Building With Web5

Bearing in mind the limitations of custody and efficiency, it becomes clear that not a lot of data makes sense to be stored on-chain. However, just because you might not want to store important, large data like photos, or small, unimportant data like favicon history on-chain doesn’t mean that it isn’t possible to store that data in a decentralized way that offers custody and efficiency.

Key Web5 technologies like Decentralized Identifiers (DIDs), Decentralized Web Nodes (DWNs), and Verifiable Credentials (VCs) in supplement or in place of blockchain provide a framework for an internet that is both decentralized AND solves the issues we’ve discussed that blockchain alone can’t solve. It’s important to note that while the integration of these technologies with existing blockchain ecosystems isn’t unheard of, they are able to solve the issues with blockchain discussed above. Cumulatively, they offer a way to efficiently address data, store and replicate data in a decentralized manner, and maintain identity.


A purely blockchain-focused wallet, as discussed previously, is simply a key pairing with an address that references ownership over transactions on the blockchain but doesn’t actually manage local or cloud storage. This means that any on-chain data, while decentralized, isn’t user-custodied unless they set up a node on the network in which they’re participating, which is something that in a blockchain context should happen in a separate app from the wallet.

In Web5, however, wallets are addressed via DIDs and are able to store data via DWeb Nodes - which can live on device and replicate storage remotely - rather than relying on storing everything on-chain or on the wallet developer’s cloud storage option. Because Web5 wallets are more robust than simply a wallet that connects to a blockchain, your Web5 wallet could theoretically manage running a blockchain node for you in addition to performing more standard “wallet” tasks like you might expect.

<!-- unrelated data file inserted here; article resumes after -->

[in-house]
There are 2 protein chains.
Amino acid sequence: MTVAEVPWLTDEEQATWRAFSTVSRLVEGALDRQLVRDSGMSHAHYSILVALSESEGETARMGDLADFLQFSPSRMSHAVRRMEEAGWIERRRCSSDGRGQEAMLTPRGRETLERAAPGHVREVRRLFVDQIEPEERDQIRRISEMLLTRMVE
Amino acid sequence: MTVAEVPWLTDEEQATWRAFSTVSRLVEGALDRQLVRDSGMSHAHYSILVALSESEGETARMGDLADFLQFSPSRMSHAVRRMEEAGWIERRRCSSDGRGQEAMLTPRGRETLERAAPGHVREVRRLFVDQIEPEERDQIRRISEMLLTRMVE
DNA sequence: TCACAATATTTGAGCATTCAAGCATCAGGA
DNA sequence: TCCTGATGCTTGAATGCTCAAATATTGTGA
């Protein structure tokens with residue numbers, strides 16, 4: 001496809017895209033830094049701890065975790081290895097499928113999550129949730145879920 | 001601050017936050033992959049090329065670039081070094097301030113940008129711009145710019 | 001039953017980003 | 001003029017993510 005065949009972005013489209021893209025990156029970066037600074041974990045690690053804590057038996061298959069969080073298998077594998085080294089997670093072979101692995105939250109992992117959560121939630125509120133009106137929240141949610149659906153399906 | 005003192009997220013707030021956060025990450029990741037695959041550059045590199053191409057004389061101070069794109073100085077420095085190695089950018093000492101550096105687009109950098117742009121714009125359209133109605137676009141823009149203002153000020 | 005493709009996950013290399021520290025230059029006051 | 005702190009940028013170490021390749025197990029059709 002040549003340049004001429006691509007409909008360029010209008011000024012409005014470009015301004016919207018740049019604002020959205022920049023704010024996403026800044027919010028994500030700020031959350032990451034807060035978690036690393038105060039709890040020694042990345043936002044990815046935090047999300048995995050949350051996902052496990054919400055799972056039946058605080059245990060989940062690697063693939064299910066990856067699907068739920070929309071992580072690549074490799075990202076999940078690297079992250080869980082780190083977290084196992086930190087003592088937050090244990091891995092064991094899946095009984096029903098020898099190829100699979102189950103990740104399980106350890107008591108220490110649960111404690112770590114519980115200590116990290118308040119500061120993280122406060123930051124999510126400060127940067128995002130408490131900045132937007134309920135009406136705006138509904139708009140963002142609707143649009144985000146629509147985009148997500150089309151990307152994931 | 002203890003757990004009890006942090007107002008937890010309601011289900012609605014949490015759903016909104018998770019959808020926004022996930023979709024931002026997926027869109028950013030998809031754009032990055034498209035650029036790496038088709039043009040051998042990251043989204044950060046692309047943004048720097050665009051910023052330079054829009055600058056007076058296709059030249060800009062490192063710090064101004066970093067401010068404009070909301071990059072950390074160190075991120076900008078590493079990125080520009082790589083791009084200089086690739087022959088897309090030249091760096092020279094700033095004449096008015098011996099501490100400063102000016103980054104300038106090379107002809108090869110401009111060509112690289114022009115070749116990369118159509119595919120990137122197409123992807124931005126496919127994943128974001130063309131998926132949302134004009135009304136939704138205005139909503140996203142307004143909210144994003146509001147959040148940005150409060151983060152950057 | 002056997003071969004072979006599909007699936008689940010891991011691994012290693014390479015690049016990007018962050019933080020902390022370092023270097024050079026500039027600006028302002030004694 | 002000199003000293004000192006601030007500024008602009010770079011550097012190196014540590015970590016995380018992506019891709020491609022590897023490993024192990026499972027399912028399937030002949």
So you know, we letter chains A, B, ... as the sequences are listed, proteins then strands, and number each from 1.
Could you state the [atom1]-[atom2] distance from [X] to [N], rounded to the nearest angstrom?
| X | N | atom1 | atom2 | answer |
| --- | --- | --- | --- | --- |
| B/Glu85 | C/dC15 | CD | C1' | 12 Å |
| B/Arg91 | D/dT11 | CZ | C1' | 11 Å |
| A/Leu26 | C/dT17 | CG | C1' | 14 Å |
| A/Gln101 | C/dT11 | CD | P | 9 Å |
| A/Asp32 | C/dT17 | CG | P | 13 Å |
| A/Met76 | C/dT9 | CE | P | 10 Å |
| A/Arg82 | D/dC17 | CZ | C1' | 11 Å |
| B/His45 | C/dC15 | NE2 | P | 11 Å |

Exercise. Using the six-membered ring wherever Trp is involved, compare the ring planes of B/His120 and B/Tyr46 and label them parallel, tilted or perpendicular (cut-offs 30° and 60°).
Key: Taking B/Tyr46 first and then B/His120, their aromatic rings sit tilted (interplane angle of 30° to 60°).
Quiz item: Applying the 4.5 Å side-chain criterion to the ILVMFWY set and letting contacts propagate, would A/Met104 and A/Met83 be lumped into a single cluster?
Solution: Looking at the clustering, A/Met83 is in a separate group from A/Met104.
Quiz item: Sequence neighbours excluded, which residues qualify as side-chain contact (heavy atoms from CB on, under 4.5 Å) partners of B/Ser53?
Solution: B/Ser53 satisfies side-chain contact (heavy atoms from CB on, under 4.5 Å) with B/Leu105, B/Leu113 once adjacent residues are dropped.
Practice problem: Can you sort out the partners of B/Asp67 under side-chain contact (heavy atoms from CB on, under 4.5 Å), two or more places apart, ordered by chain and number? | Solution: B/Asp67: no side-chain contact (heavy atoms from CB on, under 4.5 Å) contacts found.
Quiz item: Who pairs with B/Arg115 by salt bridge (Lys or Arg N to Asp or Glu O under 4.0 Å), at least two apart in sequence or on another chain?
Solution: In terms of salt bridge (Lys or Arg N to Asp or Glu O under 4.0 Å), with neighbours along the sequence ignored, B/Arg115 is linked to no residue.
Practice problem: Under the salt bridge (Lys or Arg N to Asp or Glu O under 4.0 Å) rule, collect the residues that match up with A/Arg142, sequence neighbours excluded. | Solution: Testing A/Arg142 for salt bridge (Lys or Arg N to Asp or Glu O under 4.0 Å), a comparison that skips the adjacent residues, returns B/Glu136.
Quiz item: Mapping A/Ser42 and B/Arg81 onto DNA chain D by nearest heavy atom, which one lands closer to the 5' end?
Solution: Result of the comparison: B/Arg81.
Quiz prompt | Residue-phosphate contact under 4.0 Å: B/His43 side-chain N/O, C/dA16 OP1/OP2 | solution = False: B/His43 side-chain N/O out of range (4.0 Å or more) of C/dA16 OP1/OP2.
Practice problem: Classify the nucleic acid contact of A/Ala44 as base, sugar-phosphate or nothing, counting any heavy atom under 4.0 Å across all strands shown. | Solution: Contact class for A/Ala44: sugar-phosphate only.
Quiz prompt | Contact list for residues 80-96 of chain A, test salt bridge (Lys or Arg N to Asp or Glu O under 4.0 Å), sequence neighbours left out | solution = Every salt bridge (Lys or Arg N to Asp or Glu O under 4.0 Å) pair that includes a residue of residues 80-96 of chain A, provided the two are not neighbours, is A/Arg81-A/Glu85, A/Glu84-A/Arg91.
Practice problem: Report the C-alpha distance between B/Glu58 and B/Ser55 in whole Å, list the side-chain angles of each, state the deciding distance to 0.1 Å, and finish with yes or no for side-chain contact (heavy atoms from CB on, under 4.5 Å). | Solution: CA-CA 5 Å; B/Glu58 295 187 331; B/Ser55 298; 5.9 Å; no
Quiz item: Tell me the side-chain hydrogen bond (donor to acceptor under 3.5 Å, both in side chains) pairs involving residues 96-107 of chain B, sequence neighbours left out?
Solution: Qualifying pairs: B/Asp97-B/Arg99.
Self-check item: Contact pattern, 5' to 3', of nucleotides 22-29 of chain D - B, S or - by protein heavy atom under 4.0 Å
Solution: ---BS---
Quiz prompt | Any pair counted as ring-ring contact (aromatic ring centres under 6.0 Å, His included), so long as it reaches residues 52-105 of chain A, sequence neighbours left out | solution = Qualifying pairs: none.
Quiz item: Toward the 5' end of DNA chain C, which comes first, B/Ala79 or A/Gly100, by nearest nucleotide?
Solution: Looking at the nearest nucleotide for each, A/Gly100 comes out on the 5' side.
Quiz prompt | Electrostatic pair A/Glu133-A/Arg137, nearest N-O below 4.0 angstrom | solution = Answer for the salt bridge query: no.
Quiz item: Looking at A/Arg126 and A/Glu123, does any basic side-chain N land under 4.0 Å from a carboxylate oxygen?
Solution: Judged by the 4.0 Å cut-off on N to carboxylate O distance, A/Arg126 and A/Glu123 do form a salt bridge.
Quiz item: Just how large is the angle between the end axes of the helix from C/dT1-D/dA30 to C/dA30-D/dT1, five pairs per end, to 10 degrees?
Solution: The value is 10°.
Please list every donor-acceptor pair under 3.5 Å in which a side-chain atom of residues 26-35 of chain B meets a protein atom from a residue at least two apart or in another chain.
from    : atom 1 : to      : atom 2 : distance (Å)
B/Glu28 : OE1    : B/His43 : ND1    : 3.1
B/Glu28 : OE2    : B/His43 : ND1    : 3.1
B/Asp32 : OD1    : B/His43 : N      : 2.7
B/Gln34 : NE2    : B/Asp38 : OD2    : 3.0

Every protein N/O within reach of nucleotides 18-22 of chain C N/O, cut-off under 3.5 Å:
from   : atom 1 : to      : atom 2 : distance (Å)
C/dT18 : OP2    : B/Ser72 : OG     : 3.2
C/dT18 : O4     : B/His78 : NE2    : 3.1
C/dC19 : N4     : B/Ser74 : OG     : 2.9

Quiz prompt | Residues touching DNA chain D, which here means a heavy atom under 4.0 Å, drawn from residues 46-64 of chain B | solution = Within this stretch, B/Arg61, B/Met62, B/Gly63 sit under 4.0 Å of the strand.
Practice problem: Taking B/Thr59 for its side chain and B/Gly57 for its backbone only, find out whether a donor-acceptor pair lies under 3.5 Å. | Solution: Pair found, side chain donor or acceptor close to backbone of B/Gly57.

Additionally, because DWNs are able to replicate data across instances on different devices, it makes for self-custodying your data across devices much easier than with a blockchain wallet. While blockchain wallets require re-creating the private key pairings on another device and can pose a security risk, DIDs also offer ways to easily and securely port your DID between devices to replicate data and maintain a consistent user experience. You can imagine how great this is in the case of a photo storage app that is backed by a DWN that replicates data across your devices and makes sign-in on those devices easy!

While blockchain wallets and Web5 wallets aren’t mutually exclusive - Web5 wallets can very well interact with blockchains and blockchain wallets may use concepts like DIDs and VCs -, what matters is that when users take advantage of wallet apps using DIDs, DWNs, and VCs, they can self-custody all their off-chain data and even their on-chain data should they be able to run a node locally.

File Storage

Ledgers like the blockchain don’t make for performant databases in a lot of use cases, which is why DWNs are a breakthrough in combining decentralized web technologies with centralized web performance. While blockchains require ledger consensus and redundant storage to hold any type of data, DWNs are replicable nodes that can run any of the traditionally performant database technologies you’re used to - think SQL, MongoDB, etc. - without being tied to a centralized server.

As mentioned in our discussion about custody, you could run a DWN on your laptop, your phone, on your own server, or on rented server space from a cloud provider, and all of them can be synchronized to provide the kind of redundancy that we love about blockchain. As a result, DWNs are able to solve the problems of large file storage and off-chain storage.

Final Thoughts

A performant decentralized web that offers users custody of their own data has been a tantalizing dream for almost two decades, but in that same timeframe blockchain technology has proven to not be the way to make that vision a reality. If you find yourself or your customers valuing decentralization, privacy, flexibility, and self-custodial apps, then Web5 provides the framework to achieve exactly those goals. Your Web5 app may very well leverage blockchain technology - a participating financial institution on the the tbDEX protocol we’re developing is a great example of an app that uses Web5 tech to connect to blockchains, but there are lots of ways to build dApps with Web5.

If you want to try building your own decentralized applications, go ahead and check out our Web5 SDKs, join our Discord community, and connect with us on GitHub!